A mining statute to relax our laws and attract mining to Maine was rushed through the Maine Legislature in 2012. The Legislature last year rejected weak rules to implement the law because they failed to adequately protect our watersheds or Maine taxpayers.

Similar rules are now before the Legislature. Yet again, we have before us the same problems that warranted the rules’ rejection last year: the high risk of sulfuric acid and heavy metals poisoning our watersheds and the lack of financial protection for Maine taxpayers who would be left with the bill for staggering clean-up costs.

The Legislature must again reject these rules and stand up for our environment and the natural resources-based economy, public health and Maine brand that relies on its strength. The rules fail to protect against pollution, and, if they go into effect, we can expect to see widespread copper mining throughout Maine — and in a risky manner that threatens our lakes, drinking water and aquatic life, including iconic Maine species like brook trout.

We know that Maine is attractive to mining interests because of its geology and the potential for the discovery of important mineral deposits. In Aroostook County, J.D. Irving is eyeing Bald Mountain for mining. In fact, J.D. Irving has been the driving force behind weakening Maine’s mining rules. But there are also many other potential mining sites throughout Maine.

Our lakes would be targets for mining under these rules, since they would allow mining under any Maine lake. Maine lakes support 52,000 jobs and generate $3.5 billion in annual economic activity. These rules would put that, along with our drinking water, wildlife habitat and recreational opportunities at risk.

The history of metal mining is dismal. Large watersheds have been permanently polluted with mine wastes, and the public left with billions of dollars in clean-up costs. Maine taxpayers already have inherited the ongoing clean-up costs of the Callahan Mine in Brooksville that closed in the 1970s.


And even up-to-date mines have catastrophic failures. The Mount Polley copper mine in British Columbia suffered a massive tailings dam failure last year, shortly after mining advocates assured Maine legislators about the safety of modern mines.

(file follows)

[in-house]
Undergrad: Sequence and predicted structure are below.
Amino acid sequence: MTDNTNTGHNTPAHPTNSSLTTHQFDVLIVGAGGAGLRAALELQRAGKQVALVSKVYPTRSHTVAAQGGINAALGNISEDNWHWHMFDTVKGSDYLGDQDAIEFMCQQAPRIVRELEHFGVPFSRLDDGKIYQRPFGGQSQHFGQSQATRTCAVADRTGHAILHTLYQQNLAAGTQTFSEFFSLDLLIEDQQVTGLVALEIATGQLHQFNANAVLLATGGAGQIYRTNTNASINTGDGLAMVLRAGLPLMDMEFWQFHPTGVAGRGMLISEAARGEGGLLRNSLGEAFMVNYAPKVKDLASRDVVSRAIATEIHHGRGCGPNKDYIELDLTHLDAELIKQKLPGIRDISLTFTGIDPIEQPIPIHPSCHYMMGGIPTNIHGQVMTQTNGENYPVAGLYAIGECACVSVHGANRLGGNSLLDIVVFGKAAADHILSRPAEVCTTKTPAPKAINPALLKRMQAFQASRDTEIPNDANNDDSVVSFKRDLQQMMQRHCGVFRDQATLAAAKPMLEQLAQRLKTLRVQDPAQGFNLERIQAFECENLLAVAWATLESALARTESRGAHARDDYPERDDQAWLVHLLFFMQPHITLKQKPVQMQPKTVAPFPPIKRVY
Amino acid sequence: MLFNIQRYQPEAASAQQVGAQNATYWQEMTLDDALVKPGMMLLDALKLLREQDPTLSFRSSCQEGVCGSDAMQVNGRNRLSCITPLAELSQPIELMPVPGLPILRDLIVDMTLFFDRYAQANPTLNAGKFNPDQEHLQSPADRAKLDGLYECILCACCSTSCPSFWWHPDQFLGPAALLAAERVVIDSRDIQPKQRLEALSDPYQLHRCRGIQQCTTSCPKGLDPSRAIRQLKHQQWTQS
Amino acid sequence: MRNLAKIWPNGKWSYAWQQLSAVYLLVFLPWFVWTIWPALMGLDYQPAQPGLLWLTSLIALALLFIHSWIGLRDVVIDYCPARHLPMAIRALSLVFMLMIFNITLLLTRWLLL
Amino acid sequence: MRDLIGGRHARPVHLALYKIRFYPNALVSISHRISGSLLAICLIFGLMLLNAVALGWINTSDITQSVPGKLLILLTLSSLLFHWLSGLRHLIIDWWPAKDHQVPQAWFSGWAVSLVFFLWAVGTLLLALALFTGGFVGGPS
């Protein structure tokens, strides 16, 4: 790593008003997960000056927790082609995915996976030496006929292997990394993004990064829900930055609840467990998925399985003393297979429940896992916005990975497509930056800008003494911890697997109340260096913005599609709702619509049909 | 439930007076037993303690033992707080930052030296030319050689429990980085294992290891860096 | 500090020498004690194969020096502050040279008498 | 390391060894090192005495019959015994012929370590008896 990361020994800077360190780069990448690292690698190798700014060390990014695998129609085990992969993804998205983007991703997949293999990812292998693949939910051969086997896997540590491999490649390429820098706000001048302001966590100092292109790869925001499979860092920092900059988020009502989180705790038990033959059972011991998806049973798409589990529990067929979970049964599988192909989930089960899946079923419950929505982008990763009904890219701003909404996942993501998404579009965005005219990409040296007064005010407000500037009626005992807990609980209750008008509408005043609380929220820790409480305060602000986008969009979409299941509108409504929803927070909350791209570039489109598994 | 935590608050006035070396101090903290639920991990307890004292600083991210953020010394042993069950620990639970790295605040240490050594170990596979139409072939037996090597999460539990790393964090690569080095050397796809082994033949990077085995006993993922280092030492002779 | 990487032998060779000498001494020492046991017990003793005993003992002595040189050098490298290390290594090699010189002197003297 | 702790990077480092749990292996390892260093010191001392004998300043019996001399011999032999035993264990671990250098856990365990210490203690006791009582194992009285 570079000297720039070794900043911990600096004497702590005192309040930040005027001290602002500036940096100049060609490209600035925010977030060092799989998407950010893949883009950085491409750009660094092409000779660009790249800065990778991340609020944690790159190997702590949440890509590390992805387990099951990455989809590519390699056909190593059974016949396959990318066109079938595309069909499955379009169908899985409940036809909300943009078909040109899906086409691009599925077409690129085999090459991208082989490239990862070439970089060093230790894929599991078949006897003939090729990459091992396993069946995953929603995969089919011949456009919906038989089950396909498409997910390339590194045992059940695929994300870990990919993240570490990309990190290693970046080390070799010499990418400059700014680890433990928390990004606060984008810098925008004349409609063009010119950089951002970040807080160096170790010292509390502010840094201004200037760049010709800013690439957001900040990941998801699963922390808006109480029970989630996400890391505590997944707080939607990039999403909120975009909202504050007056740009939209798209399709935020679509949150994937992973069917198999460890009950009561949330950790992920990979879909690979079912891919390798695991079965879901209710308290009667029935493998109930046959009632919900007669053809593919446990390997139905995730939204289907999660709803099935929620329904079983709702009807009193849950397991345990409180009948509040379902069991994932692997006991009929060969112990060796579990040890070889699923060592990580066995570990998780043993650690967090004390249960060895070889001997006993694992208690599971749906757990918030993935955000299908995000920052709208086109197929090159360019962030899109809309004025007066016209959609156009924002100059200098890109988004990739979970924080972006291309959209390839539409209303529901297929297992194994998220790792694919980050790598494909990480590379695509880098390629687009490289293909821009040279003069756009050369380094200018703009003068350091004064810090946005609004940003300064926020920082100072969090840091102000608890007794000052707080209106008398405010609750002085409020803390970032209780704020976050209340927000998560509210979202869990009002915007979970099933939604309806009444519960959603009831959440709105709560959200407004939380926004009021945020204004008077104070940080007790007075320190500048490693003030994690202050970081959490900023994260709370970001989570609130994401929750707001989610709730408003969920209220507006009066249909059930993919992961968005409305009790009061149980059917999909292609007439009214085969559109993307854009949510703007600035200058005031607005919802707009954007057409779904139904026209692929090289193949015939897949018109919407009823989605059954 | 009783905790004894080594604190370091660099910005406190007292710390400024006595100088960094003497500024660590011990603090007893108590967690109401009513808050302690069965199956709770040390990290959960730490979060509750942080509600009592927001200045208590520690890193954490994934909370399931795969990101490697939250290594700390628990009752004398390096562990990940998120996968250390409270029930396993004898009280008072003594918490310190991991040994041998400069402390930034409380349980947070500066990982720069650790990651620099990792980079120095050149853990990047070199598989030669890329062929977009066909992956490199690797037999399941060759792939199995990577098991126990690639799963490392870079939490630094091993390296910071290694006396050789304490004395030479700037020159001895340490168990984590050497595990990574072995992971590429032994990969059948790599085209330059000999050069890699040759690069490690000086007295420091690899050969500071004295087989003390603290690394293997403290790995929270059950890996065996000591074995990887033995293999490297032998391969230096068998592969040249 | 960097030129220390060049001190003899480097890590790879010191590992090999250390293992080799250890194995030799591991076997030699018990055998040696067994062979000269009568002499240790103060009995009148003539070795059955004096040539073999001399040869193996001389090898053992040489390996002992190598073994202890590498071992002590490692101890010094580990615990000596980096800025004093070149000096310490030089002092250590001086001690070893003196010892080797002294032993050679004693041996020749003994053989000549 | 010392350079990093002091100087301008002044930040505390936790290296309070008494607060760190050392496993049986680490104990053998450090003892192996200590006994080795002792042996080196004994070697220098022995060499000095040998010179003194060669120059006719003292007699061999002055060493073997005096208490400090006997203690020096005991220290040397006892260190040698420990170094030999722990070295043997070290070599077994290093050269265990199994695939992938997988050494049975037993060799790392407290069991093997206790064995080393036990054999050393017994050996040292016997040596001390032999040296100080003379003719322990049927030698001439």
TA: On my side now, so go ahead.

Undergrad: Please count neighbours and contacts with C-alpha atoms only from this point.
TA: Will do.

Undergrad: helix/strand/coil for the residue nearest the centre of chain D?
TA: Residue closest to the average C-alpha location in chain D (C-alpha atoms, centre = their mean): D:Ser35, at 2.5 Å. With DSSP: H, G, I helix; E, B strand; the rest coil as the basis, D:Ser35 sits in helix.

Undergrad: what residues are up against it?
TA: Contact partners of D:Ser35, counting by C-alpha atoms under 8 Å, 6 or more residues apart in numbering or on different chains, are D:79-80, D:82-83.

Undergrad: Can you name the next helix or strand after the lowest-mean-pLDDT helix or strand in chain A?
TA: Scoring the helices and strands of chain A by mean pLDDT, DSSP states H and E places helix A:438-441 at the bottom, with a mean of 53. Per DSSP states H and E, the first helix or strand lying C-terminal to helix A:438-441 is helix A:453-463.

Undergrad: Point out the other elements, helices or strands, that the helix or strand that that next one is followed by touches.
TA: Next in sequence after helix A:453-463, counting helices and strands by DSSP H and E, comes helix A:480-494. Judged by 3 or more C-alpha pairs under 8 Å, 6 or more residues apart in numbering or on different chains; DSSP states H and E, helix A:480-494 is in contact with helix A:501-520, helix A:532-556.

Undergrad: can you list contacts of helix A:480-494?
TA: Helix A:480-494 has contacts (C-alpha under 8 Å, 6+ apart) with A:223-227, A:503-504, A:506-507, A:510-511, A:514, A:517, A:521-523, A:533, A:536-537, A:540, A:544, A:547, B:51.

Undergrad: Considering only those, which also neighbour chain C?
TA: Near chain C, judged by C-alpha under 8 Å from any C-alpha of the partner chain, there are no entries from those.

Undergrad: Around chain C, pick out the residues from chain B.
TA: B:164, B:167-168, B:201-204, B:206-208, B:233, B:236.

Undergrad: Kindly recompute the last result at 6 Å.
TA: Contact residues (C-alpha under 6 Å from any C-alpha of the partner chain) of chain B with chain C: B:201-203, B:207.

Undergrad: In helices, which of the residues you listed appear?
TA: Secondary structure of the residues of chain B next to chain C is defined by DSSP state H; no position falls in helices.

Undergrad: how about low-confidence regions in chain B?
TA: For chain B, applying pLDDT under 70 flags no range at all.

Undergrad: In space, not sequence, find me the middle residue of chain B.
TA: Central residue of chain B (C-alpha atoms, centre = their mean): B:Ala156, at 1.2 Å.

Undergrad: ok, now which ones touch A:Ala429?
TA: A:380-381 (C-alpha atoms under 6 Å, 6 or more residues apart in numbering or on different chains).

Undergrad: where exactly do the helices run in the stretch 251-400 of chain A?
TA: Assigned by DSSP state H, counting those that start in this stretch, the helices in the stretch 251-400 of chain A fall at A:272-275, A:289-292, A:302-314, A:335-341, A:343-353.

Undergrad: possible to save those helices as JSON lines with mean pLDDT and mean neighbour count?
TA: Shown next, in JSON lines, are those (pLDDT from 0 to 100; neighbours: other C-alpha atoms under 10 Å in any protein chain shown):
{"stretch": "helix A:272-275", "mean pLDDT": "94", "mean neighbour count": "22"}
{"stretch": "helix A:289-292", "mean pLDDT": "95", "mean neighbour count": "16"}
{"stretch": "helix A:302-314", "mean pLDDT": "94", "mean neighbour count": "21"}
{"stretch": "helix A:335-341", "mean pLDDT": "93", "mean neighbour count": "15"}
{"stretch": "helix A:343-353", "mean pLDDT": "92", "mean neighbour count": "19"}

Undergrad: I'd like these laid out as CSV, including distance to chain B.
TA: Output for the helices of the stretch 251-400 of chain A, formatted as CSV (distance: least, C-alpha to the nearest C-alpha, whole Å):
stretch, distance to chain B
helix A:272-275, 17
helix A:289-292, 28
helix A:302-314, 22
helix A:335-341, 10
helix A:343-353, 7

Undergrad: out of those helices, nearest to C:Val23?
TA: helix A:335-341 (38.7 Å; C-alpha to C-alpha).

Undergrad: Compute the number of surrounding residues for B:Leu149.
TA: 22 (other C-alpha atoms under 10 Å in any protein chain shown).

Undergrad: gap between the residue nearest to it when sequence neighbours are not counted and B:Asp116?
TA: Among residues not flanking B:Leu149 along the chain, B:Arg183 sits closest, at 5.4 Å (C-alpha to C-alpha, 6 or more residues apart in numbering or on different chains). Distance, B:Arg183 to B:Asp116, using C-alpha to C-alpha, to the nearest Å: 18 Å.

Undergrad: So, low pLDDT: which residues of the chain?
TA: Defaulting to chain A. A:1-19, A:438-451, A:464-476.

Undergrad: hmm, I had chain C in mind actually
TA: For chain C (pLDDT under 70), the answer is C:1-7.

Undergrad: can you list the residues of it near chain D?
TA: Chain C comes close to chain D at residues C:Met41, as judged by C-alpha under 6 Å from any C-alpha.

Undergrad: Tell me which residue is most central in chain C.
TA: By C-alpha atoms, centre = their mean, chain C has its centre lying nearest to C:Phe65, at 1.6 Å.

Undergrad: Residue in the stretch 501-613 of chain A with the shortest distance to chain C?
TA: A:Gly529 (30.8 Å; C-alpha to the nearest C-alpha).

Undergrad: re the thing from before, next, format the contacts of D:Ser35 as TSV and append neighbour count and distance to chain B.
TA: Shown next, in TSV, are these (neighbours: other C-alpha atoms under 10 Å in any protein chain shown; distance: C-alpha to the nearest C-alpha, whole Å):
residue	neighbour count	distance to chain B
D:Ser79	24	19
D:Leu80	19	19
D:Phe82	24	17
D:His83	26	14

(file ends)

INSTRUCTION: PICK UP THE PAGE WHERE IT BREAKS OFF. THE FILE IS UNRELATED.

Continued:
The process of extracting minerals from ores can create sulfuric acid that enters ground and surface waters. This phenomenon, called acid mine drainage, devastates water quality and aquatic life as it leaches heavy metals such as arsenic, lead, copper and zinc from rock. Maine’s wet conditions and its sulfide-rich rich ore make it particularly susceptible to acid mine drainage.

With our rainfall, frozen winters, high ground waters and fractured geology, it’s highly likely that acid and other metallic contaminants eventually will escape, either through the groundwater or because of major accidents. Contaminated ground water can rise to springs and surface streams years and years later.

Metallic mines leave behind large tailings ponds to store waste products. They need expensive maintenance and water treatment hundreds of years after the mine is closed. They can’t simply be drained and covered. Toxic leaching can continue for centuries, depending on the chemistry of the particular site. Under the proposed rules, we risk allowing these toxic disposal ponds to scar Maine’s landscape indefinitely.

Mining industry representatives have asserted that new technologies could control acid pollution and mine waste, but have provided no evidence. The industry failed to meet its burden of proving these mining rules will protect Maine. We agree with the retired Department of Environmental Protection senior geologist who testified, “I am loathe to have Maine used as a guinea pig in such a venture.”

Maine needs rules that protect our clean water and taxpayers; these rules are too weak. Lawyers and consultants for the mining industry drafted too much of them.

If mining companies want to mine in Maine, they need to do so in a manner that protects our tourism, fishing and guiding industries that depend on clean water and healthy wildlife. These proposed rules won’t do that.

The Legislature should therefore reject these proposed mining rules. Look at West Virginia and other mining states. Once the damage is done, we cannot turn back the clock.

Rep. Ralph Tucker, D-Brunswick, is a retired Maine District Court judge and a member of the Legislature’s Committee on Environment and Natural Resources. Rep. Jeffrey Pierce, R-Dresden, is a fisherman, executive director of the Alewife Harvesters of Maine and the lead Republican on the Legislature’s Committee on Marine Resources.

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